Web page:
Species on Earth are going extinct at least 1,000 times faster than they would be without human influence, new research finds. But there's still time to save the world from this biodiversity disaster.
Between 100 and 1,000 species per million go extinct every year, according to the new analysis. Before humans came on the scene, the typical extinction rate was likely one extinction per every 10 million each year, said study researcher Stuart Pimm, a Duke University biologist.
These numbers are a big increase from the previous estimates, which held that species were going extinct 100 times faster than usual, not 1,000 times faster or more, Pimm told Live Science. But despite the bad news, he said, his research is "optimistic." New technology and citizen scientists are allowing conservationists to target their efforts better than ever before, he said. [ Biodiversity Threats: See Maps of Species Hotspots ]
"Although things are bad, and this paper shows that they're actually worse than we thought they were, we are in a much better position to do something about that," Pimm said, referring to the study published today (May 29) in the journal Science.
Pimm and his colleagues have long worked to understand the effect of humanity on the rest of the species that share the planet. In the history of life on Earth, five mass extinctions have wiped out more than half of life on the planet. Today, scientists debate whether humanity is causing the sixth mass extinction.
This question is trickier than it may seem. Certainly, humans have driven species from the dodo to the Tasmanian tiger to the passenger pigeon to extinction. There's no doubt that continuing deforestation and climate change will destroy even more species, including some humanity will never get the chance to discover. But researchers don't even know for sure how many species exist on the planet. About 1.9 million species have been described by science, but estimates as to how many are out there range from 5 million to 11 million.
Knowing how many species go extinct without human influence is another challenge. The fossil record, after all, is frustratingly incomplete. To get an estimate rooted in science, Pimm and his colleagues used data from molecular phylogeny, which uses DNA information to build a web of relationships between species. Phylogenic trees can show how quickly species diversified. And because species don't normally go extinct faster than they diversify to form new species, these trees give a sense of the upper limit of normal extinction rates. By this method, the researchers arrived at the background estimate of one extinction per 10 million species per year. [ Wipe Out: History's Most Mysterious Extinctions ]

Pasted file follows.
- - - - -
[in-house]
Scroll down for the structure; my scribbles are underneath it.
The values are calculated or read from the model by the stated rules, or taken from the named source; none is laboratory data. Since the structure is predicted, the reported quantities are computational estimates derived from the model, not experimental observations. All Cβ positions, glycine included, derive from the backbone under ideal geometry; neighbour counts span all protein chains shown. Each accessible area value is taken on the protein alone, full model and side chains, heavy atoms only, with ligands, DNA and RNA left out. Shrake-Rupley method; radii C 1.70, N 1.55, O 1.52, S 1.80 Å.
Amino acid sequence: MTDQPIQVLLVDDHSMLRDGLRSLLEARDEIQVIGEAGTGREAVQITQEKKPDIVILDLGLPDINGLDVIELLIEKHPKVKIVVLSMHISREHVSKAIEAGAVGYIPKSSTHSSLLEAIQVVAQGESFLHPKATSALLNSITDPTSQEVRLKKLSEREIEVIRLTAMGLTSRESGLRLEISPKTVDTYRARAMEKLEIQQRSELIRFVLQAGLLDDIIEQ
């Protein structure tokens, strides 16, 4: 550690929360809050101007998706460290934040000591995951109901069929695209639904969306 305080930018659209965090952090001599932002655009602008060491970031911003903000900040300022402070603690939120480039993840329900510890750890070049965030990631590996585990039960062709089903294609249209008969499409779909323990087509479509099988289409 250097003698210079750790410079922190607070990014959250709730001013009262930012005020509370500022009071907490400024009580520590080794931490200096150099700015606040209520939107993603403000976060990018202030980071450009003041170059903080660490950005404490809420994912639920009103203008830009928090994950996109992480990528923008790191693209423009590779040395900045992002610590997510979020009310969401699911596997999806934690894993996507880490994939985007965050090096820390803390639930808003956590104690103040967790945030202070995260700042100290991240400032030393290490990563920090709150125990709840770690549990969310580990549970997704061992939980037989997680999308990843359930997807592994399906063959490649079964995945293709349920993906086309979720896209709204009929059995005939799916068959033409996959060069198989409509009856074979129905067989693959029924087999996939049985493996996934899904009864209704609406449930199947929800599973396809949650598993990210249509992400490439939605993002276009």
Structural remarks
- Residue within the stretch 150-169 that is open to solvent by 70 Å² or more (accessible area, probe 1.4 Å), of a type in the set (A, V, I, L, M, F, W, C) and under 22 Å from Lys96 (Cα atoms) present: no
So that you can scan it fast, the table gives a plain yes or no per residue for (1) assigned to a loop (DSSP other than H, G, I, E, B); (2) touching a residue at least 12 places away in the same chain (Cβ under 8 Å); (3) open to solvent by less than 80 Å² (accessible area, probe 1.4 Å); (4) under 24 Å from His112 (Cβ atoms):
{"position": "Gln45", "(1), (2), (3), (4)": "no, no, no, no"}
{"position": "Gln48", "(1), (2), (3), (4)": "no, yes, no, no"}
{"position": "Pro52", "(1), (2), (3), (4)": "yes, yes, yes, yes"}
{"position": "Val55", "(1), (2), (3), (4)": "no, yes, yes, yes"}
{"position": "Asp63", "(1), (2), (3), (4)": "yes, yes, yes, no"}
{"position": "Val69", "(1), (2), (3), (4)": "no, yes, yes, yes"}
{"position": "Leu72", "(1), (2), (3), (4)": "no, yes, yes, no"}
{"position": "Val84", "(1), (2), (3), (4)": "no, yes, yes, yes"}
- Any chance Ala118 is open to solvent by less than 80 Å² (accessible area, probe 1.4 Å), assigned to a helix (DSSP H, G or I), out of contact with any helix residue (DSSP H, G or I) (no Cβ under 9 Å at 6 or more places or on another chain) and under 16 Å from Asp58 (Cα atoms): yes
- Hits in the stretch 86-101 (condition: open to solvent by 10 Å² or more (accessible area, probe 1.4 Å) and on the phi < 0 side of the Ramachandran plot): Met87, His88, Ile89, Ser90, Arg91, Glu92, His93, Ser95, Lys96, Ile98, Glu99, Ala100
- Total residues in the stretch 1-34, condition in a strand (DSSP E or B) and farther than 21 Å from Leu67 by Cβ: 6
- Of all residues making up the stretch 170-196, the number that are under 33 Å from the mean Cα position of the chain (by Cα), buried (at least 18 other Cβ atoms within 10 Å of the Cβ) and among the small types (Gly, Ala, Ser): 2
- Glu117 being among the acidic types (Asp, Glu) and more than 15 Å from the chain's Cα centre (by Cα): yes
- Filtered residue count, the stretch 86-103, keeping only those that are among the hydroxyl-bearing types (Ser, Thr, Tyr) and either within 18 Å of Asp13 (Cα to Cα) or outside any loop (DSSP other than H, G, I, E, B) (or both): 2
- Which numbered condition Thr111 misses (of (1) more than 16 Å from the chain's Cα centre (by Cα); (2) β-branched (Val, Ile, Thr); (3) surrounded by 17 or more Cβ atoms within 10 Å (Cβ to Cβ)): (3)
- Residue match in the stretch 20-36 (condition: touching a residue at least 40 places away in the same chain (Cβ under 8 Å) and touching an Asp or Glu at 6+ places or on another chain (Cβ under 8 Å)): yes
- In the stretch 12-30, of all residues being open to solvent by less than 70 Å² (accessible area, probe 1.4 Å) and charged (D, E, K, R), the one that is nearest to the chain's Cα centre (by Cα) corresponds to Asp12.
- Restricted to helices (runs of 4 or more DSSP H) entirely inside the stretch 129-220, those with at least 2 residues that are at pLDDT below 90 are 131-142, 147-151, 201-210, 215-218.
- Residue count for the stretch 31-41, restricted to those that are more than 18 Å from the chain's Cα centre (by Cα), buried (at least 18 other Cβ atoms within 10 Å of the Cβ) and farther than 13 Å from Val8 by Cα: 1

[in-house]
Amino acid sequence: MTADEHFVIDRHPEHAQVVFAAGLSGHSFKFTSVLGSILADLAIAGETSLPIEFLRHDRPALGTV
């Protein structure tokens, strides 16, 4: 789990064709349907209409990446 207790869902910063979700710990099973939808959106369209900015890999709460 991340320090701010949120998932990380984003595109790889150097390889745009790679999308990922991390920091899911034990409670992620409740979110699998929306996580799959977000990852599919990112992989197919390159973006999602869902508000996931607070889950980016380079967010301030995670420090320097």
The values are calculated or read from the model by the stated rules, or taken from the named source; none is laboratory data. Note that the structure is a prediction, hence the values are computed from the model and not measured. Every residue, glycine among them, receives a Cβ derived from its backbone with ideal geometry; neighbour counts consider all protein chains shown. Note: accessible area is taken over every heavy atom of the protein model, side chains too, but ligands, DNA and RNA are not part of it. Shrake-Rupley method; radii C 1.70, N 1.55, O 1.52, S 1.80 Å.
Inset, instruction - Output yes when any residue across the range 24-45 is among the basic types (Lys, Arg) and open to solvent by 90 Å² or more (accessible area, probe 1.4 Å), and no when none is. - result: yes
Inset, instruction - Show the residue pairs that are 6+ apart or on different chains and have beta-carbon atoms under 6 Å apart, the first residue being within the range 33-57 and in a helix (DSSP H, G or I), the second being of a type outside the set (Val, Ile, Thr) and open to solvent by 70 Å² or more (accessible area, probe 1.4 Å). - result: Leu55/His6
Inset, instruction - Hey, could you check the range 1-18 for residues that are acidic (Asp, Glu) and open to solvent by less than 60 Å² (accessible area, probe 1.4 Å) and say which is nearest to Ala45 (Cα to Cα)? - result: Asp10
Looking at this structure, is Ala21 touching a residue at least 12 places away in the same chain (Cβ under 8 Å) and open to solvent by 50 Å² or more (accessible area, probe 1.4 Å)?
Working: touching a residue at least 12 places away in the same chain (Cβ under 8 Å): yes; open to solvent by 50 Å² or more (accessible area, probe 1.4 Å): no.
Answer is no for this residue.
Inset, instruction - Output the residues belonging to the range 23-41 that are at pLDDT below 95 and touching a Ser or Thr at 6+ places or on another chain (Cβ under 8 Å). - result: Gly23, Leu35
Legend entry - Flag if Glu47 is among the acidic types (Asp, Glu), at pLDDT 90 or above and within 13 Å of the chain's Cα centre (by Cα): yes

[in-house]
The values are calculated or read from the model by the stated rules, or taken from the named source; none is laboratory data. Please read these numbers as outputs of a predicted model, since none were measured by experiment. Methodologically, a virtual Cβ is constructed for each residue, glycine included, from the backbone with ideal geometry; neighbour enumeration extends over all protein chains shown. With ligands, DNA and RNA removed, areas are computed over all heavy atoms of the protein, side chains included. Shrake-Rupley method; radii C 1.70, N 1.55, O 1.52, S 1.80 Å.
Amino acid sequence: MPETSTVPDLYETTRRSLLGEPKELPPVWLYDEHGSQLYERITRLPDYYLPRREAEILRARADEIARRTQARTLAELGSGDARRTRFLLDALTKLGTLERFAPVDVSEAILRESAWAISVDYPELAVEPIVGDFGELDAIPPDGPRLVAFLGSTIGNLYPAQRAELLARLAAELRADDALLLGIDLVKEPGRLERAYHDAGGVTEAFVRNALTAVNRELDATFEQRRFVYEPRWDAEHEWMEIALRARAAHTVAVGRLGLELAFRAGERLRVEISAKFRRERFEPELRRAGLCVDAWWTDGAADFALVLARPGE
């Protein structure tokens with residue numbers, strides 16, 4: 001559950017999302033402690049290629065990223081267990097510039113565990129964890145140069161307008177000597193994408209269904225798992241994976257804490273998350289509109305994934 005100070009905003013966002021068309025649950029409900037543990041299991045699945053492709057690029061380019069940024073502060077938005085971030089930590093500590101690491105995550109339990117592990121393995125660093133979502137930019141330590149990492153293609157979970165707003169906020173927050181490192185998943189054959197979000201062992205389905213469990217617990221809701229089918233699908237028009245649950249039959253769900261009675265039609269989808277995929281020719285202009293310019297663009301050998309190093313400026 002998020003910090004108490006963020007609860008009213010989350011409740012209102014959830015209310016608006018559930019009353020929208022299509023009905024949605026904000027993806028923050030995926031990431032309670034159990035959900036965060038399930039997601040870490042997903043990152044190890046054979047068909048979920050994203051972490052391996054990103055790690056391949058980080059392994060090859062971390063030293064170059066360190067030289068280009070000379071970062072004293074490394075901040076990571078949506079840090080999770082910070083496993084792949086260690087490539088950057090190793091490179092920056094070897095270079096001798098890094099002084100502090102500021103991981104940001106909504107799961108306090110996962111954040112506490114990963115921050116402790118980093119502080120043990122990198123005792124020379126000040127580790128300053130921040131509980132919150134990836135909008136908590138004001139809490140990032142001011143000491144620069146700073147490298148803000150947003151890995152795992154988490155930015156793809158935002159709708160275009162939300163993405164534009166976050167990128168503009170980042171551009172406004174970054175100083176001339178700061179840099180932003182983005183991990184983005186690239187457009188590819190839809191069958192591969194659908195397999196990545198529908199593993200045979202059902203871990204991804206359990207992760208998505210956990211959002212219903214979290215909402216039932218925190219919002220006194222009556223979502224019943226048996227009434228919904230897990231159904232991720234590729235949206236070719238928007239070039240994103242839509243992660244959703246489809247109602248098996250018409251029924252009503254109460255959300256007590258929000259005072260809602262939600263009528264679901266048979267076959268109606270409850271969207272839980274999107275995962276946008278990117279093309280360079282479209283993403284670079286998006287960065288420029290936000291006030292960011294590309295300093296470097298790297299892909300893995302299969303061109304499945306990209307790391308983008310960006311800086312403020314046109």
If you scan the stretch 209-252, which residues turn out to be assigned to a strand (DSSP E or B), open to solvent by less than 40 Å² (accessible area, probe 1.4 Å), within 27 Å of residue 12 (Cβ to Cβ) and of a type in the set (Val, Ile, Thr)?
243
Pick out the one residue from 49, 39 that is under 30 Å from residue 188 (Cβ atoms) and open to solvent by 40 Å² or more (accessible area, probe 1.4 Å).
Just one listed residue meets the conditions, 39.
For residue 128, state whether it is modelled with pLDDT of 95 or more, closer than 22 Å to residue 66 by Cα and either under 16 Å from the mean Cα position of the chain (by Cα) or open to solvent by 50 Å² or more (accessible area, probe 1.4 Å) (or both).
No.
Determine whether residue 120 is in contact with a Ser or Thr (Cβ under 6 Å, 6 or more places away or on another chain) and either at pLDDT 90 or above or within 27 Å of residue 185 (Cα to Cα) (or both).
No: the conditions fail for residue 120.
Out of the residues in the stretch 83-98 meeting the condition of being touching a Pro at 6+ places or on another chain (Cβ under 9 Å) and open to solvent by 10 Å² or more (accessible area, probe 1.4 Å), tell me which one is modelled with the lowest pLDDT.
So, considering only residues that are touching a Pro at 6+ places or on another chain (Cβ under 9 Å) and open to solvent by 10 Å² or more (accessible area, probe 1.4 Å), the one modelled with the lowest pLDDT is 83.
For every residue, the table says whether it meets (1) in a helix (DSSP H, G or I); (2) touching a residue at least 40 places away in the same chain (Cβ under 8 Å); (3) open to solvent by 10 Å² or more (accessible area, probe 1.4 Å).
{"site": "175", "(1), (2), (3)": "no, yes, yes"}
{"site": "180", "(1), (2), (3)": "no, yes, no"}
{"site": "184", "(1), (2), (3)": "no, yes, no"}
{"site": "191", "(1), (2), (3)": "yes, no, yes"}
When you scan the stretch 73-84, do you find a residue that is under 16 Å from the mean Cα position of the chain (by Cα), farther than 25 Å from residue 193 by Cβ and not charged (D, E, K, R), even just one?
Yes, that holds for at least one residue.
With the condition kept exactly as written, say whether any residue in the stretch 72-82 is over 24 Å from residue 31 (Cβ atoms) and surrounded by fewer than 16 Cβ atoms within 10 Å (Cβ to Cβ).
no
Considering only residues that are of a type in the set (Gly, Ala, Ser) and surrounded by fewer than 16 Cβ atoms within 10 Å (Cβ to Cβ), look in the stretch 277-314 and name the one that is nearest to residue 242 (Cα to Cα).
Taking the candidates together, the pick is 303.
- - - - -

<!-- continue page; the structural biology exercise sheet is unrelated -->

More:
Humanity's great extinction?
Next, the researchers looked at modern extinction rates. They tracked animals known to science, calculating how long they tended to survive after discovery (or if they are still extant). These rates brought them to the estimate of 100 extinctions or more per million species each year — which did not come as a great surprise.
"It's not a good thing, because it's higher than it was before, but for the community that focuses on these things, we kind of knew where it was headed," said study researcher Clinton Jenkins, a conservation researcher at the Instituto de Pesquisas Ecológicas (IPÊ) in Nazaré Paulista, Brazil.
But, Jenkins and Pimm agreed, there is hope. The most endangered species tend to be ones with small ranges in threatened areas, Jenkins told Live Science. Many are in countries without many resources to protect them, but the ability of scientists to track and understand the threats has never been better. Satellite imagery and global tracking of deforestation can reveal habitat loss in near-real time. And websites like biodiversitymapping.org (created by Jenkins) reveal biodiversity hotspots for birds, mammals, amphibians and more.
"It's probably less than 10 percent [of land area] that has most of the species we're really at risk of losing," Jenkins said. "So if we focus on those areas, it can solve most of the problem."
Citizen scientists can help, too, the researchers said. Smartphone cameras enable people to go out, snap photos of organisms and report their findings to conservation groups. Pimm and Jenkins both recommend iNaturalist, which began as a master's project by graduate students at the University of California, Berkeley. The site allows users to upload photos of plants and animals, tagging them with the location of the sighting and the likely species, which other users then confirm. The site is linked to the International Union for Conservation of Nature and Natural Resources (IUCN) Red List, which tracks threatened species.
Jenkins uses the site himself. For example, in April, he noticed a group of stripy-tailed primates scurrying around the trees near his home in Nazaré Paulista. He went outside with a pair of binoculars and a smartphone and snapped some photos, which he uploaded to iNaturalist. Other users quickly confirmed that his neighbors were buffy-tufted-ear marmosets (Callithrix aurita), which the IUCN Red List categorizes as a vulnerable species.
"Within the same day, that picture was on the Red List page of that species as an example," Jenkins said.
Such citizen observations can help define species' ranges and numbers, which are often out of date in the scientific literature. That data, in turn, can reveal whether conservation projects are working and what areas are at risk, the researchers said.
"People often say that we are in the middle of the sixth mass extinction," Pimm said. "We're not in the middle of it — we're on the verge of it. And now we have to tools to prevent it."
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